Over 30 Merchant Ships Participate in Naval Mine Countermeasure Exercise

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130521-N-PV215-078 U.S. 5TH FLEET AREA OF OPERATIONS (May 21, 2013) – Combined Task Force 521 conducts convoy escort operations with a large natural gas tanker during International Mine Countermeasures Exercise 2013 (IMCMEX). With a quarter of the world’s navies participating including 6,500 Sailors from every region, IMCMEX is the largest international naval exercise promoting maritime security and the free-flow of trade through mine countermeasure operations, maritime security operations, and maritime infrastructure protection in the U.S. 5th Fleet area of responsibility and throughout the world. (U.S. Navy photo by Mass Communication Specialist 2nd Class Bryan Blair/Released)

Greetings, Readers. In addition to the clearing and disposing of inert mines, this year’s International Mine Countermeasures Exercise (IMCMEX) incorporates Maritime Security Operations (MSO), which includes drills to protect commercial merchant ships transiting dangerous corridors. International navies are working with commercial shipping representatives to coordinate naval escorts through high-risk shipping lanes. Escort ships (including coastal patrol ships), embarked security personnel, and visit, board, search and seizure teams form the core of these operations.

The protection of commercial shipping and safe transit operations are a critical shared interest that transcends typical geopolitics, which is reflected by the participation of more than 30 merchant vessels from over five major civilian shipping companies in this year’s MSO maneuvers.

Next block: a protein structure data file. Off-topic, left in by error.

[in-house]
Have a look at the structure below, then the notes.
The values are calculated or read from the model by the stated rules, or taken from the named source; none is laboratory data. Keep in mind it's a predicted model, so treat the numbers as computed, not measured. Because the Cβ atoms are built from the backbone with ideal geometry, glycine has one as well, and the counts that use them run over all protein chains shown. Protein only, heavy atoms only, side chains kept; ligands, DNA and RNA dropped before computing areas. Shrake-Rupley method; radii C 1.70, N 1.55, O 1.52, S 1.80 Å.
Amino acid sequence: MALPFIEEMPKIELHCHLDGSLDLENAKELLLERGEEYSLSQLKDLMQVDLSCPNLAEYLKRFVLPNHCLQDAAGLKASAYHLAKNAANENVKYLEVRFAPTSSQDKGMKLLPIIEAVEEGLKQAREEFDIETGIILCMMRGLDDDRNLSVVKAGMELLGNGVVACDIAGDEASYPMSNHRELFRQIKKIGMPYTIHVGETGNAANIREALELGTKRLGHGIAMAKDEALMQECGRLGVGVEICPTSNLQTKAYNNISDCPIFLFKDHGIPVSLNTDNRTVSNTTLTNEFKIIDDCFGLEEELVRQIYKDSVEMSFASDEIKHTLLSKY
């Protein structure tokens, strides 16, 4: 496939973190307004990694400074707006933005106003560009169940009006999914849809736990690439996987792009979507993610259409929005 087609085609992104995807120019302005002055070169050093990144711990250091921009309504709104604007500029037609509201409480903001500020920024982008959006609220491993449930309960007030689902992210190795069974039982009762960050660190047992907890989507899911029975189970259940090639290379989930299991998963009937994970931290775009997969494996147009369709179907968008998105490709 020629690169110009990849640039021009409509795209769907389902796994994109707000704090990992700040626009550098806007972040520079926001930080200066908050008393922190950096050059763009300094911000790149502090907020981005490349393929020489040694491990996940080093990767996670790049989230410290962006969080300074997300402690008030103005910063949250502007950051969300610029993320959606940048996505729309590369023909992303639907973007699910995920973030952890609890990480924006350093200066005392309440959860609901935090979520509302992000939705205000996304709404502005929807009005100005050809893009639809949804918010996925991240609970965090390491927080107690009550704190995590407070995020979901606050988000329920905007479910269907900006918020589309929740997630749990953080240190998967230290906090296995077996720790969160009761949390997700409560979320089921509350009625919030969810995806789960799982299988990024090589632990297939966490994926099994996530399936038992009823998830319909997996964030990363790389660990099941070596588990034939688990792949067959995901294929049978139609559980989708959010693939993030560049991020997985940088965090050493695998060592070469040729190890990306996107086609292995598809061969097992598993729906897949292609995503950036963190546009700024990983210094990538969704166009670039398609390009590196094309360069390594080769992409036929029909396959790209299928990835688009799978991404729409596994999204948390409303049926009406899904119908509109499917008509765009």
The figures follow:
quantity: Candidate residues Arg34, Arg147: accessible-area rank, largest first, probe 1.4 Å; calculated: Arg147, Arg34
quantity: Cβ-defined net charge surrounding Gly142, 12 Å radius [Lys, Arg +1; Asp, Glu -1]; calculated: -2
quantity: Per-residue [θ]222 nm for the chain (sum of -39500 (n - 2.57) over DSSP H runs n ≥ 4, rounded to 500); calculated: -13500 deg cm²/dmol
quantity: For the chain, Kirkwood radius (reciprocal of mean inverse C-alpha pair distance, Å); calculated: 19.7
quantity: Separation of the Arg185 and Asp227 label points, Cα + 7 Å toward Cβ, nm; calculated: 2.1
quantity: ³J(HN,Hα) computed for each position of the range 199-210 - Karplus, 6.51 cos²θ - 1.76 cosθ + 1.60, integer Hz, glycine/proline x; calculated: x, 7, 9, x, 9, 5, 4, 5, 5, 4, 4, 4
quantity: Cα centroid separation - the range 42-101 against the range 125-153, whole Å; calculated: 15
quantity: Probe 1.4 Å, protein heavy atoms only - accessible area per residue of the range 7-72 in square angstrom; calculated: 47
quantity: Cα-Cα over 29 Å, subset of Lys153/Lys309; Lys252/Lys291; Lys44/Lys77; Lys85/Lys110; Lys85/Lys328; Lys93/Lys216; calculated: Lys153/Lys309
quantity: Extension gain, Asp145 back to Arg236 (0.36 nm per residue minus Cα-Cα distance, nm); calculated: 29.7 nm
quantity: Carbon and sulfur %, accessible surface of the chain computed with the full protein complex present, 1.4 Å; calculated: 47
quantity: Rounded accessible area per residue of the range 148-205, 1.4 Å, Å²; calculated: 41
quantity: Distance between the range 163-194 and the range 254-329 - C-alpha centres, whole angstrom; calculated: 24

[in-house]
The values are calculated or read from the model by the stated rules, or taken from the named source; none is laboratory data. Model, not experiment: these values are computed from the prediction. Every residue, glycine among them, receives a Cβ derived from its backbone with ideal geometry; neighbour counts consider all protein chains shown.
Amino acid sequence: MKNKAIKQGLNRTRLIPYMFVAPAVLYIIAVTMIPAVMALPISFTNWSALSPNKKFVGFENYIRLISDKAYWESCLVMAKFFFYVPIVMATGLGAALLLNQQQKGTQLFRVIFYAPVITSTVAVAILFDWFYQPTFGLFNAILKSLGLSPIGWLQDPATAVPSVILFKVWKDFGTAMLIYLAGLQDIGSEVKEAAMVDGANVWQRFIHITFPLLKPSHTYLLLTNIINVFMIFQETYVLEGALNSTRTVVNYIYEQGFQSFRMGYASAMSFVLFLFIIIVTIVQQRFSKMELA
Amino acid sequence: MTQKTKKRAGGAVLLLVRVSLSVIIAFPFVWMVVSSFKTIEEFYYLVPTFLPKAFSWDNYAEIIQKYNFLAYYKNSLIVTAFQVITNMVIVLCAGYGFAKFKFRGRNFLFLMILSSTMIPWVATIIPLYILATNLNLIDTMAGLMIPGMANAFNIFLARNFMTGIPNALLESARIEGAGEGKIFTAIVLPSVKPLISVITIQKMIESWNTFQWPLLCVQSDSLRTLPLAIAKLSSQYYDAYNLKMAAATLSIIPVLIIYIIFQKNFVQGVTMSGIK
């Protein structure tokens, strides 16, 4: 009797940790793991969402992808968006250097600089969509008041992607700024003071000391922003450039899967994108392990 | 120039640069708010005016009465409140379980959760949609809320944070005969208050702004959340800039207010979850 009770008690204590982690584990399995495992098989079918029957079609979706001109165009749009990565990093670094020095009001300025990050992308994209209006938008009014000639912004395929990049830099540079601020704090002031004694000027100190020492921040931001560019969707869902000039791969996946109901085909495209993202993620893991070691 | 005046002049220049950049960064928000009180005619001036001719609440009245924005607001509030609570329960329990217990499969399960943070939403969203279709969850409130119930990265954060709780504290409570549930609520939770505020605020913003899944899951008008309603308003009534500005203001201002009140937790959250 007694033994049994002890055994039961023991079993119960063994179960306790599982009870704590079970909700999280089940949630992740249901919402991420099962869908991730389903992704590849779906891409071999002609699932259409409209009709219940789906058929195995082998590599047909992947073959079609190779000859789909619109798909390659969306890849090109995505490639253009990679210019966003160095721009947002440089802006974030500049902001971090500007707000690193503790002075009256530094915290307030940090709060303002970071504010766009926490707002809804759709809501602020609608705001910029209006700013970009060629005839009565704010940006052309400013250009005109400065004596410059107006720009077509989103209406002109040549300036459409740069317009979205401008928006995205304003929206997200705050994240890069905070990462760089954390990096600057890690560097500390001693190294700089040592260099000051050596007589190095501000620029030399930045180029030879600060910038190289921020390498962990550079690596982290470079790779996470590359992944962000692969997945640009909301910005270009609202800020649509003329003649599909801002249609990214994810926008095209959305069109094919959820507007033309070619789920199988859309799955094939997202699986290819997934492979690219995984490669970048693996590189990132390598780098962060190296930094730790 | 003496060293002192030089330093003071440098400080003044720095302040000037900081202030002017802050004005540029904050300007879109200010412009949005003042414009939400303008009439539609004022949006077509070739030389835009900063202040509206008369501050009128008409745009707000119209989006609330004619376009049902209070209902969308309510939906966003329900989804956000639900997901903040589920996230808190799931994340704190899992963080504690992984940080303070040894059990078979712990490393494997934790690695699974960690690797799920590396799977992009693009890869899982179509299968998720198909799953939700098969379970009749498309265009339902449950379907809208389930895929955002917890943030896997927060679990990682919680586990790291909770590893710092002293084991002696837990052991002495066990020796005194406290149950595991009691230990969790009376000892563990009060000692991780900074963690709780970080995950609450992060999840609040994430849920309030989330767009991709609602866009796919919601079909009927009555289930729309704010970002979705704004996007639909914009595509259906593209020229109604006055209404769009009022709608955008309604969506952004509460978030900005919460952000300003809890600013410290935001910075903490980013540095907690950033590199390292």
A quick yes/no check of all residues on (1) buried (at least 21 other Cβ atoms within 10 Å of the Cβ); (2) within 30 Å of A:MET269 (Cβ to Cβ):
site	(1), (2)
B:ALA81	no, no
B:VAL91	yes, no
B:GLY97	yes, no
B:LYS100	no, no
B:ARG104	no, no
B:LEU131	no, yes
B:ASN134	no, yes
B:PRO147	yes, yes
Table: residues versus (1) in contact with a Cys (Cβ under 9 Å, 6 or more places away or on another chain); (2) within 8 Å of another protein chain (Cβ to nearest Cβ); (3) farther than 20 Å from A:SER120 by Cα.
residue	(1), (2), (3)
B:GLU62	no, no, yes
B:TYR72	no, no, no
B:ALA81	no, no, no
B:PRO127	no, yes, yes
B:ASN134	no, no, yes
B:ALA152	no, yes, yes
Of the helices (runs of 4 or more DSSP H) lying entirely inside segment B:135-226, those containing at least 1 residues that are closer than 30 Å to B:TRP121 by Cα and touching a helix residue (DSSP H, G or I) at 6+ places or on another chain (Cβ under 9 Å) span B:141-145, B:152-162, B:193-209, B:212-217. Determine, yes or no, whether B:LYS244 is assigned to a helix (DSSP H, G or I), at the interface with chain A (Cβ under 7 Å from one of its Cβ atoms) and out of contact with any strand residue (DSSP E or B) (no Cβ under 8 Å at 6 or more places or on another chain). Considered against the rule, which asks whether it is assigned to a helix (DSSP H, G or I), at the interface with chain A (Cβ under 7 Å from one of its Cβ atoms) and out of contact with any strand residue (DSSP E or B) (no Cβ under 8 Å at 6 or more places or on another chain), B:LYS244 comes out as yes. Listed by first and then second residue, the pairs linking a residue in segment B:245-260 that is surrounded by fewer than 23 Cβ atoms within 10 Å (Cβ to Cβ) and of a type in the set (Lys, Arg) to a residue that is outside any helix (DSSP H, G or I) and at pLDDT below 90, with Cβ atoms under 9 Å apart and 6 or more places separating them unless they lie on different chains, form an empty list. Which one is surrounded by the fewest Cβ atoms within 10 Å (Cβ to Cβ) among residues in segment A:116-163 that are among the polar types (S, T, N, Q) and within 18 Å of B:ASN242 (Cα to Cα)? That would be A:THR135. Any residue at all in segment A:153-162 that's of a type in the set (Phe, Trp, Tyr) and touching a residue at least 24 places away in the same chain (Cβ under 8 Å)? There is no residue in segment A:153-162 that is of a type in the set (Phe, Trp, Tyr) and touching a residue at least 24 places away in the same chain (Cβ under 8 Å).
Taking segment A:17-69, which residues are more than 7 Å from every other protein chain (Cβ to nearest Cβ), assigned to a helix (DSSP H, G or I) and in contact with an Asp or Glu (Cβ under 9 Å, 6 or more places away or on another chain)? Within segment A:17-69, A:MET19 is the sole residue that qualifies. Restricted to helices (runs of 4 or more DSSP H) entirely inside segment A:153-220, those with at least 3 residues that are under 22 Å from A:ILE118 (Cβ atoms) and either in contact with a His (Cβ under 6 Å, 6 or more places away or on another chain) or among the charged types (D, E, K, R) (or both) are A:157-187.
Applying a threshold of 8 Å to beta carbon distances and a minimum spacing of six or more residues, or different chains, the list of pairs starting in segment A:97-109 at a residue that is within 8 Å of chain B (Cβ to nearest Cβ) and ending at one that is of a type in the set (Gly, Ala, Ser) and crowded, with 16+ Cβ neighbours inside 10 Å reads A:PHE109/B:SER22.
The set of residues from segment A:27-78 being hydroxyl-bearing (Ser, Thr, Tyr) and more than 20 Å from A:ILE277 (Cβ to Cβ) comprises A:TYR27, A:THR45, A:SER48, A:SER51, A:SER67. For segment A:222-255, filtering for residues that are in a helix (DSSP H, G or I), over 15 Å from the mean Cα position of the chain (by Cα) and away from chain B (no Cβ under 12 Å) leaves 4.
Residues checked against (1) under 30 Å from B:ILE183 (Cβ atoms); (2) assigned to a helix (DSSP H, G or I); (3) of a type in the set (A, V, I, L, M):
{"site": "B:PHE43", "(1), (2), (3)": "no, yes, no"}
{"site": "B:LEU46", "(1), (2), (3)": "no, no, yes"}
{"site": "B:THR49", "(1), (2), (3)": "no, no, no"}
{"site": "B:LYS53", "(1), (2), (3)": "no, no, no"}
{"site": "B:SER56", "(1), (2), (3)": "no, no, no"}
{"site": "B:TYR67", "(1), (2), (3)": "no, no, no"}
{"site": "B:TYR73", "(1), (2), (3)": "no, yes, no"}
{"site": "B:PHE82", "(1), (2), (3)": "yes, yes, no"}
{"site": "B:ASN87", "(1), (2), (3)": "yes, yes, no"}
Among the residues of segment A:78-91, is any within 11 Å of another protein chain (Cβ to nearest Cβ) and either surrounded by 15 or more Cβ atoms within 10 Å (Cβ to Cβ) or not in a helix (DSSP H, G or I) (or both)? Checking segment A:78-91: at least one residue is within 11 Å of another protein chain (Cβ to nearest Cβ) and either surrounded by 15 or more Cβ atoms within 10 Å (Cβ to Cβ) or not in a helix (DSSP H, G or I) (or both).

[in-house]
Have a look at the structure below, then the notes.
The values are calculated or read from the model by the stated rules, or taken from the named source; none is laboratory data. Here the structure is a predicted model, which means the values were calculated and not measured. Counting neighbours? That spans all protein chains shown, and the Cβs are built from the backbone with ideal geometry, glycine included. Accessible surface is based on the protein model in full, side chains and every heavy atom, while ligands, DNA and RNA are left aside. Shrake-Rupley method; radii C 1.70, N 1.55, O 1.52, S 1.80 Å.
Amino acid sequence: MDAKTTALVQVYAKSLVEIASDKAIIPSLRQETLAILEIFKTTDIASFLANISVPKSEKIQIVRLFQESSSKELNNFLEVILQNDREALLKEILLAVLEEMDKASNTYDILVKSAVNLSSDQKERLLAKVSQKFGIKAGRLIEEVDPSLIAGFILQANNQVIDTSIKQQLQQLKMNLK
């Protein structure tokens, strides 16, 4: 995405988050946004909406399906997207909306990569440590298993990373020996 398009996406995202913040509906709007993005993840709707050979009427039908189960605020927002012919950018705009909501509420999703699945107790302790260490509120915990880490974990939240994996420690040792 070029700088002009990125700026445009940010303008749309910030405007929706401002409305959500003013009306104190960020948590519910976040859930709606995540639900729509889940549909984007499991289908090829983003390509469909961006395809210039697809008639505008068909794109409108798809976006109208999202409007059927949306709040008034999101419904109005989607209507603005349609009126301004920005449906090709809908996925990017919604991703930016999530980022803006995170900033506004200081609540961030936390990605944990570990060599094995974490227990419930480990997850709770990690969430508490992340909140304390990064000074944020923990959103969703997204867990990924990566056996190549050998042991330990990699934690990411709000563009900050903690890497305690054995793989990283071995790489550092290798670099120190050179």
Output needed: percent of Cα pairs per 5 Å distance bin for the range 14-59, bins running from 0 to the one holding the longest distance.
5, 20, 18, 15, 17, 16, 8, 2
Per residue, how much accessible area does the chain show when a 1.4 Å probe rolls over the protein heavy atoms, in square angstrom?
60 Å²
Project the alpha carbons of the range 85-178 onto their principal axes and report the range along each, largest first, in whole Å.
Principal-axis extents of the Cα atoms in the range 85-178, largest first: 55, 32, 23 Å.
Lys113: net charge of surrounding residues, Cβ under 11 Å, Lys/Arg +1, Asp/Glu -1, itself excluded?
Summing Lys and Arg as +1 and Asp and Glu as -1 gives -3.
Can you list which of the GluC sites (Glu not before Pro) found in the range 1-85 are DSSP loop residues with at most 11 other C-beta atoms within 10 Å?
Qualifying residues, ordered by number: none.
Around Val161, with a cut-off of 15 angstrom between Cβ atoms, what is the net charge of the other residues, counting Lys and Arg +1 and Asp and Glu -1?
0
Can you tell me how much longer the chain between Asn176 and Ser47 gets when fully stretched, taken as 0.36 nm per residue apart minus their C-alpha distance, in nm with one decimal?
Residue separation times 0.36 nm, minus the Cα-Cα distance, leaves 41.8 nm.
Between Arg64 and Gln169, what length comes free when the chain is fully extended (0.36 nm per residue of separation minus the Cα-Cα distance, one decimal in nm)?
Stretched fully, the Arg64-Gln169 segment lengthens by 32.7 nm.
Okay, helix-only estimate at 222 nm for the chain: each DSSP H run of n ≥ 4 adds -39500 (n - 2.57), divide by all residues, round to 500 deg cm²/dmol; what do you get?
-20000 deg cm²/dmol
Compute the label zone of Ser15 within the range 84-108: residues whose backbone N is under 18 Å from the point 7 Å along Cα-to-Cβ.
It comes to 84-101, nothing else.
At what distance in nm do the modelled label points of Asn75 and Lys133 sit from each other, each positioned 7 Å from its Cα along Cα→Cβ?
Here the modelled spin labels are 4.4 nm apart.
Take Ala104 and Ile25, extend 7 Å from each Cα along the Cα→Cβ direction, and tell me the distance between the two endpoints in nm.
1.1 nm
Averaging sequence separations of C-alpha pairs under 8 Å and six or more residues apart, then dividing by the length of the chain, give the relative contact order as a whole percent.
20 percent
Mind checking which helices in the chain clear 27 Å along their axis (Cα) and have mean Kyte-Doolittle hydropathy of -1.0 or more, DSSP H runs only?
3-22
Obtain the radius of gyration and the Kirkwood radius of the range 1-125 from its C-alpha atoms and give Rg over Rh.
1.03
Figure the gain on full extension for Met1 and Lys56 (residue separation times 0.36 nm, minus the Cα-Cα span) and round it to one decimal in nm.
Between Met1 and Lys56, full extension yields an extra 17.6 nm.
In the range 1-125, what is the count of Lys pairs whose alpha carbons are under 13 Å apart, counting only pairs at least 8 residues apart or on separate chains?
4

A key component of MSO are the Reserve Component Sailors from the Naval Cooperation and Guidance for Shipping (NCAGS), who coordinate these important military-civilian maneuvers here in the NAVCENT Area of Responsibility. During the exercise, NCAGS acts as the link between the international naval forces and commercial shipping. NCAGS maintains support of the maritime environment by helping to resolve any potential conflicts between Navy operations and merchant shipping. It is also unique because it is manned solely by reserve Sailors.

The number of commercial merchant ships participating in this year’s maneuvers has quadrupled from last year’s MSO exercises during IMCMEX. This increase in participation from the shipping industry has been a welcome development for Cmdr. Clement Wong, the officer in charge of NCAGS here in Bahrain during this year’s IMCMEX.

“NCAGS serves as an important bridge between naval forces and the shipping industry,” said Wong. “Ensuring safety of shipping lanes and freedom of navigation is at the center of what we do. We are so pleased that an increased number of commercial ships have chosen to participate in this year’s exercises, as it reflects the importance the industry has placed on maritime security. ”

Eighty Sailors from 40 U.S. Navy reserve units are on-hand in Bahrain to support this year’s IMCMEX, many of whom belong to one of six NCAGS units.

MSO, when performed in conjunction with Maritime Infrastructure Protection (MIP) and Mine Countermeasures (MCM) operations, comprises the concept of “port to port” protection of shipping and commerce from its origin point to its destination. Separately, each of these mission areas is potentially susceptible to failure as their required area of expertise is high, but limited in capacity and scope. However, when joined together these components form a formidable defensive capability – devised of a variety of international forces–capable of protecting shipping from violent extremist threats.

With a quarter of the world’s navies participating including 6,500 Sailors from every region, IMCMEX is the largest international naval exercise promoting maritime security and the free-flow of trade through mine countermeasure operations, maritime security operations, and maritime infrastructure protection in the U.S. 5th Fleet area of responsibility and throughout the world.

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